The United States is playing a key role in all this as this is now a proxy war in which the West is already half involved. Security and stability can only be expected from a Russian-American agreement, he laid down.

Regarding the European economic crisis, he said the government has worked out a series of measures to ward off the imminent trouble. He said “we will fight against recession, against economic decline”. The government has therefore extended the reduction of VAT to five per cent on the construction of new homes which would have ended at the end of this year.

They saw that many people had “accelerated their home projects” and started making unnecessary haste in order to fit into the present tight deadline. There is no need for that because the government set up a cabinet tasked with the protection of economic growth, upon the recommendation of which they will continue to support the housing construction market – which is now slowing down – with the five per cent VAT, he highlighted.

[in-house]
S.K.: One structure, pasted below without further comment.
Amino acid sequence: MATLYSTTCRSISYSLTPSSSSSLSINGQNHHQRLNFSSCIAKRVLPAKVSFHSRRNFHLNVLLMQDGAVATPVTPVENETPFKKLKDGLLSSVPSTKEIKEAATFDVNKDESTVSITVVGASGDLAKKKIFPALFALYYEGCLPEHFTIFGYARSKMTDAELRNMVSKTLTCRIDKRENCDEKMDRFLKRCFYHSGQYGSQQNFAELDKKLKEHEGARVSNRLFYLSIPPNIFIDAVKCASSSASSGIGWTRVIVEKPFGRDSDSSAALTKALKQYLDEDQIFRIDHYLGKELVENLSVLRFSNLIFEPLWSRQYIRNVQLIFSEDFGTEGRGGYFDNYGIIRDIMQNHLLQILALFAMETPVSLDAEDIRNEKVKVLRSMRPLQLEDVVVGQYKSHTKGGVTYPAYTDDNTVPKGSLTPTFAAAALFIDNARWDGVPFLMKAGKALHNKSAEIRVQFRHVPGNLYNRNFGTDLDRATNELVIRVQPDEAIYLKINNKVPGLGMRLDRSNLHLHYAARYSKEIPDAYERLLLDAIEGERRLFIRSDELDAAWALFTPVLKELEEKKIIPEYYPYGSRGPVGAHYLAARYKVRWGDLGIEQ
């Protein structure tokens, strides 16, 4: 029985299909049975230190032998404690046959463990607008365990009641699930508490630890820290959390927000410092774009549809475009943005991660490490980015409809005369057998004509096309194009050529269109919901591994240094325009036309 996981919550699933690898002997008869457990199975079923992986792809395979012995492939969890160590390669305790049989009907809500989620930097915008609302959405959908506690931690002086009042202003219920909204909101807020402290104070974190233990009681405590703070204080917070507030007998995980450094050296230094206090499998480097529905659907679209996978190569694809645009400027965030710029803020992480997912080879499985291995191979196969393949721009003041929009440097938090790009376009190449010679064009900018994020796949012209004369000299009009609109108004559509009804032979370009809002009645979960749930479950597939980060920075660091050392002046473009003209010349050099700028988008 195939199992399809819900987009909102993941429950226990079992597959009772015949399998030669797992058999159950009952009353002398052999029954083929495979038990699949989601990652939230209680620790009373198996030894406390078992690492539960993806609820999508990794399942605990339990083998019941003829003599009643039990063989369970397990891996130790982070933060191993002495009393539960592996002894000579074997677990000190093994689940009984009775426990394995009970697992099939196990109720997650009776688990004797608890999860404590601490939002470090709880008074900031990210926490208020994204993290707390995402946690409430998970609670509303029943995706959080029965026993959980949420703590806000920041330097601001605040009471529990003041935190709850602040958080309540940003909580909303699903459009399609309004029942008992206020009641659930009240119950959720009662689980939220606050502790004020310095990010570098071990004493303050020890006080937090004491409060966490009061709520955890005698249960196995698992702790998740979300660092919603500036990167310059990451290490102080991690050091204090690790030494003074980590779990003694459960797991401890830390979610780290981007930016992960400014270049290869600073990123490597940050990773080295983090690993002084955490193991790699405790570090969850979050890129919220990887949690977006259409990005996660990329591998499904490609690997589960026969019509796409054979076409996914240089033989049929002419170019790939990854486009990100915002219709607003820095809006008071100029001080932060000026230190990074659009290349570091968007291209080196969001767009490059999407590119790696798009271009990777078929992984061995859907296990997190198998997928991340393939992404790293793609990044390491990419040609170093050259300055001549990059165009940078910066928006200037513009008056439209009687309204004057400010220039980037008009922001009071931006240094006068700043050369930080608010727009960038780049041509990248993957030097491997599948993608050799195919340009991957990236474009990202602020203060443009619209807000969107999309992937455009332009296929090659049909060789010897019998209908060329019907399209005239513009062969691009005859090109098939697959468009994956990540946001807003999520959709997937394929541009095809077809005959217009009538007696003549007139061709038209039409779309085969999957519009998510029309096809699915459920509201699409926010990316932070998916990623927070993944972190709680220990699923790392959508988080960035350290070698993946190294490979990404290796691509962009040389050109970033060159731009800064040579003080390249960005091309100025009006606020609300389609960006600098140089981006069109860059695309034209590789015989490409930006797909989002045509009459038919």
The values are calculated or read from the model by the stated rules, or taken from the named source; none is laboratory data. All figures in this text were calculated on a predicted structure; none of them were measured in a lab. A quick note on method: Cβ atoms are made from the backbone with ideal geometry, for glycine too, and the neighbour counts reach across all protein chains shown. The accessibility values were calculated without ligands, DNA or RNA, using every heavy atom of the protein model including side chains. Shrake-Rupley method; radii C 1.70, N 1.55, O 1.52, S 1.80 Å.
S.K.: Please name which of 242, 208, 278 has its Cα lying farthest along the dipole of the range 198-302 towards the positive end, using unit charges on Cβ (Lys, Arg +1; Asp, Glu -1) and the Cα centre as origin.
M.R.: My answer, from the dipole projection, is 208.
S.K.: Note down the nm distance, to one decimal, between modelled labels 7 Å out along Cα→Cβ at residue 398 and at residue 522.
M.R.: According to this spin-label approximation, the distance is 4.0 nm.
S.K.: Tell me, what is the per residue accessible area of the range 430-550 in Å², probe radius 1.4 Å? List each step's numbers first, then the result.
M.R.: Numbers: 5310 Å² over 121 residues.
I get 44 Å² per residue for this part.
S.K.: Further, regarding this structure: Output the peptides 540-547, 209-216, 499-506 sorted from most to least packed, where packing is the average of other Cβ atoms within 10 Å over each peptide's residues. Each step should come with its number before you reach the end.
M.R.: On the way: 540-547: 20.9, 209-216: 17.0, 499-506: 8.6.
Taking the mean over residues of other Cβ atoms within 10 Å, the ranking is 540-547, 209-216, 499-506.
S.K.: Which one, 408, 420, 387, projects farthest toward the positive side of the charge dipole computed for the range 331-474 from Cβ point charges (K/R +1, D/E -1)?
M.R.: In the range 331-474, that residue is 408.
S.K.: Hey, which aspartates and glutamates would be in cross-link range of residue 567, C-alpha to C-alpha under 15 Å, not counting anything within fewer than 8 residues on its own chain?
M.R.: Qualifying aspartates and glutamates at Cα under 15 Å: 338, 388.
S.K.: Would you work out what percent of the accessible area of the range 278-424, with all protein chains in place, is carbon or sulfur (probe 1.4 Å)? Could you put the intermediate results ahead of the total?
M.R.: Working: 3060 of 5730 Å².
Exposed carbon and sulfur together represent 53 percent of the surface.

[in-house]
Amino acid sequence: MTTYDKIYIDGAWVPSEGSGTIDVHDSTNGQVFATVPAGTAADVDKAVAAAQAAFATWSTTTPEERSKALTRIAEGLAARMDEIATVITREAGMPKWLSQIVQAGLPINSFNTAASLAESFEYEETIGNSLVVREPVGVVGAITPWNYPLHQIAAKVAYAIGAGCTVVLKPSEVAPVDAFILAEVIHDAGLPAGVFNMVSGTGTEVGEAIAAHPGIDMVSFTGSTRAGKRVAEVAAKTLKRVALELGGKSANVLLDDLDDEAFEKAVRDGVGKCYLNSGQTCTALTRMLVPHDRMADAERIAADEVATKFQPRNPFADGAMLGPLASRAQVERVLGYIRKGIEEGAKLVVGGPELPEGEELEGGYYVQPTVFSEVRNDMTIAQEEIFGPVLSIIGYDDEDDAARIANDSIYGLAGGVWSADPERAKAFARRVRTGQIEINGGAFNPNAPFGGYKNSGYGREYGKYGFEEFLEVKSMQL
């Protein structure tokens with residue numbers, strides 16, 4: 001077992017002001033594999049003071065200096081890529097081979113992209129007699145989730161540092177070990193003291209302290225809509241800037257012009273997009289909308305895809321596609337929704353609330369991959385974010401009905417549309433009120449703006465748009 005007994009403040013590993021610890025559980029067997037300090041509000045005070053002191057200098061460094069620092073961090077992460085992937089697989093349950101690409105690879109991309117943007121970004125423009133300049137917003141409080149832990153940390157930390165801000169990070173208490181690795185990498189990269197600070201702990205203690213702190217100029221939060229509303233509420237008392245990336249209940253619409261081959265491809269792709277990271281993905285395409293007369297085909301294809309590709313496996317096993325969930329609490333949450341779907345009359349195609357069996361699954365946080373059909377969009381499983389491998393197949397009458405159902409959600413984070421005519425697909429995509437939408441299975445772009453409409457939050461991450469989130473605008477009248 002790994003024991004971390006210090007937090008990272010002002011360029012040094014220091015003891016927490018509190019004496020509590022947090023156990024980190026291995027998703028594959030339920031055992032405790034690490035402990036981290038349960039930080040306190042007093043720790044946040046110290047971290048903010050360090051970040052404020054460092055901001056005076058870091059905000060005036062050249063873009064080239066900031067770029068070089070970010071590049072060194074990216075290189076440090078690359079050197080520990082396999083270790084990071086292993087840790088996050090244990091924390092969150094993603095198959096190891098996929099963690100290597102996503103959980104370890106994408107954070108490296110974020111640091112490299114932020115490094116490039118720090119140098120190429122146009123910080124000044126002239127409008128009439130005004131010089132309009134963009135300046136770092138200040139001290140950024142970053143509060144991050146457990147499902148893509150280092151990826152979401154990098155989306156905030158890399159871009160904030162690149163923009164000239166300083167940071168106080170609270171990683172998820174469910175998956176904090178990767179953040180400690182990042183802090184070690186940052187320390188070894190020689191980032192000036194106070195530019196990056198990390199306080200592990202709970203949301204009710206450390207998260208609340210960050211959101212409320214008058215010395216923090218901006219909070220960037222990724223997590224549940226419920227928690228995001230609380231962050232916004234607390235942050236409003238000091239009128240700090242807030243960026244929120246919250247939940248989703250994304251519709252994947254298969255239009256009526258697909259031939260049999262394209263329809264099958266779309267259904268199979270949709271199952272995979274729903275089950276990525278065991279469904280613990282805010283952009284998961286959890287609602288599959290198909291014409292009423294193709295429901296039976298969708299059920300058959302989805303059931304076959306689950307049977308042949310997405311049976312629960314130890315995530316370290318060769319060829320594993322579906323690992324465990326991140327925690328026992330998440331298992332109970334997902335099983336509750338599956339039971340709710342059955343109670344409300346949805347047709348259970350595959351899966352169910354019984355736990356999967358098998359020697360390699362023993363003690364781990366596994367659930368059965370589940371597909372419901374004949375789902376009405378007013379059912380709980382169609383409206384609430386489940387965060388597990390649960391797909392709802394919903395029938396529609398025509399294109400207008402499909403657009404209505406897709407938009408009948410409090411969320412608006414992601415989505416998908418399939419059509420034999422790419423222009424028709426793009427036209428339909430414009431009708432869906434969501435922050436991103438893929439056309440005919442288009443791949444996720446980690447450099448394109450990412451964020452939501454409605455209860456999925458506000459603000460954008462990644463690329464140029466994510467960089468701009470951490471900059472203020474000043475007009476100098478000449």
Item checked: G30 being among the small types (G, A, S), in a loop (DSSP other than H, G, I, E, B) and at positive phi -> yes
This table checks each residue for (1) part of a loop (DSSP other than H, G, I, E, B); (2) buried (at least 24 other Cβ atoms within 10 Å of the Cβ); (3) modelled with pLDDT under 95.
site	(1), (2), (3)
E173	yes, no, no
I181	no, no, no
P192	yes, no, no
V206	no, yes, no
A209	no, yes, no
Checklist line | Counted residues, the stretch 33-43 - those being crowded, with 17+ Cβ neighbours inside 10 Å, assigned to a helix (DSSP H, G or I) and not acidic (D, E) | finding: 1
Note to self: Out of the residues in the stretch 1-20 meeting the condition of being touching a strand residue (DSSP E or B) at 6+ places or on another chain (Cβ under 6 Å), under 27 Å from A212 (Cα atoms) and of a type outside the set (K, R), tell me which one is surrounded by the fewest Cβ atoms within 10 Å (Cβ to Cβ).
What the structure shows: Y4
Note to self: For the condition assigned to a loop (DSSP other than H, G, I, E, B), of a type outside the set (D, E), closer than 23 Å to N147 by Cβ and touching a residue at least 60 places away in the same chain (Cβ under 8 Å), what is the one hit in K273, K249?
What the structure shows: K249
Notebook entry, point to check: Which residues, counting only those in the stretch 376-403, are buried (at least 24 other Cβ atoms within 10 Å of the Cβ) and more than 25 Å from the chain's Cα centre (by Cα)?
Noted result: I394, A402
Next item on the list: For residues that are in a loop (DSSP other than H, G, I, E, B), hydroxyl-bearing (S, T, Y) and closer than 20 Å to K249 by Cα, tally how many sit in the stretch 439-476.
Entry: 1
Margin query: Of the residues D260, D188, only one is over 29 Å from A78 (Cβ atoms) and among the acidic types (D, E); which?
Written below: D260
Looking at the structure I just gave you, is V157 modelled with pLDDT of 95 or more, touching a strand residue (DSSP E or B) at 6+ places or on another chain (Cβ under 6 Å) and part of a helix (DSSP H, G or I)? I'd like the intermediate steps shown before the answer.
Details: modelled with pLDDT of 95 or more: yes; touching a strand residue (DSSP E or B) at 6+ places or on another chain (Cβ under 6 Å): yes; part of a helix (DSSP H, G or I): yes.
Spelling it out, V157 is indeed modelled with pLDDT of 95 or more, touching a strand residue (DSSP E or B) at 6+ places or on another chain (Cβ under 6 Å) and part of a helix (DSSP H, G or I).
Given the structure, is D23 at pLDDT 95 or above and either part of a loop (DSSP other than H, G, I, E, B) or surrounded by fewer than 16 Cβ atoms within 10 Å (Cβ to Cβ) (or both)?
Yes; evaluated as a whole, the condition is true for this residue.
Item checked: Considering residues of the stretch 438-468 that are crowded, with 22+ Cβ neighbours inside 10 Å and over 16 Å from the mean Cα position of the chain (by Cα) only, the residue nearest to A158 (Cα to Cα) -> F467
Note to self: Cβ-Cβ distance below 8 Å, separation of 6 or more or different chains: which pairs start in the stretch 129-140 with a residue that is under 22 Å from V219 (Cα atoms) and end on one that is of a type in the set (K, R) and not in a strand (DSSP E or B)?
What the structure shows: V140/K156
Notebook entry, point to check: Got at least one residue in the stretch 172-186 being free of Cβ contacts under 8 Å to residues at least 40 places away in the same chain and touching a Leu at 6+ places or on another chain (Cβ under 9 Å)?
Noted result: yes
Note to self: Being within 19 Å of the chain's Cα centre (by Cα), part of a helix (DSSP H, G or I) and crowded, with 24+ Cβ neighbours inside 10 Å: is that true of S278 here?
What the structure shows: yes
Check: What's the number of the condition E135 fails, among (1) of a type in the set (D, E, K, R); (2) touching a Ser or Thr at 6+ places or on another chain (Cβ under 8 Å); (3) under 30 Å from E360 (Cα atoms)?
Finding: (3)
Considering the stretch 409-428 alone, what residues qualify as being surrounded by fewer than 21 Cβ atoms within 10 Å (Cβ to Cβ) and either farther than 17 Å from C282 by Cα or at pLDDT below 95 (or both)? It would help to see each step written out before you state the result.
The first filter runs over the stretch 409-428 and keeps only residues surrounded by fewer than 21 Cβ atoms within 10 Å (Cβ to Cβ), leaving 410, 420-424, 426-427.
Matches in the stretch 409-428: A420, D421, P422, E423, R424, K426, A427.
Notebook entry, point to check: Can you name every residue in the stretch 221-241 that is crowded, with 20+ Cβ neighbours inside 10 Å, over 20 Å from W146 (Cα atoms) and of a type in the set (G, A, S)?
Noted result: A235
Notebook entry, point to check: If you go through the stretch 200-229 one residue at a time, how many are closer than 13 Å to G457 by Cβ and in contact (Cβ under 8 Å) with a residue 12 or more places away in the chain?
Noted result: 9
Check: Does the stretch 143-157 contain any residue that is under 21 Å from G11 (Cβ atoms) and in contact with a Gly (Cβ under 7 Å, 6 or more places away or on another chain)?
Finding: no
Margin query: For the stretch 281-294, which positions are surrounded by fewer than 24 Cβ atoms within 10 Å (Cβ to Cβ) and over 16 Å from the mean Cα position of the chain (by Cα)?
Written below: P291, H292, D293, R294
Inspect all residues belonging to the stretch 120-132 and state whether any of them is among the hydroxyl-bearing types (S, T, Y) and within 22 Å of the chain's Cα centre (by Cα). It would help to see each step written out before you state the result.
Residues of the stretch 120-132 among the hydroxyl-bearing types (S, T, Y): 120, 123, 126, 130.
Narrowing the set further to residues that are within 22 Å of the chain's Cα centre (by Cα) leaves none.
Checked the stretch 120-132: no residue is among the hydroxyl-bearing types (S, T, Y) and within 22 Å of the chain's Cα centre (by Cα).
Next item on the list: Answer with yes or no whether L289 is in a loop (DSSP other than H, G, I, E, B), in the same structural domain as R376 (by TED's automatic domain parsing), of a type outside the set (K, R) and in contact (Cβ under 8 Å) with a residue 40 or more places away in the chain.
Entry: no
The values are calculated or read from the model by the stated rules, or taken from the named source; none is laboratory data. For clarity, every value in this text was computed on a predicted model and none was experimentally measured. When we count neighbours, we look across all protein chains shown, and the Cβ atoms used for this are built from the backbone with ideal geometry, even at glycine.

The Prime Minister further said after an assessment of the damage caused by the drought, we can see that Hungary’s food supply is not in danger.

Mr Orbán stressed that Hungarian agriculture affected by drought continues to have the ability to supply ten million people with food. In fact, there will also be exports, but on a smaller scale than before. He added that while this will result in a loss of revenue for the Hungarian economy, our own supply is not in any danger.

The Prime Minister also spoke about the compensation of farmers. He said the agricultural mitigation and compensation fund has been exhausted; however, the government has set up a task force to help farmers. It will take another week or so before decisions are finalised, but farmers will receive further help, Mr Orbán said.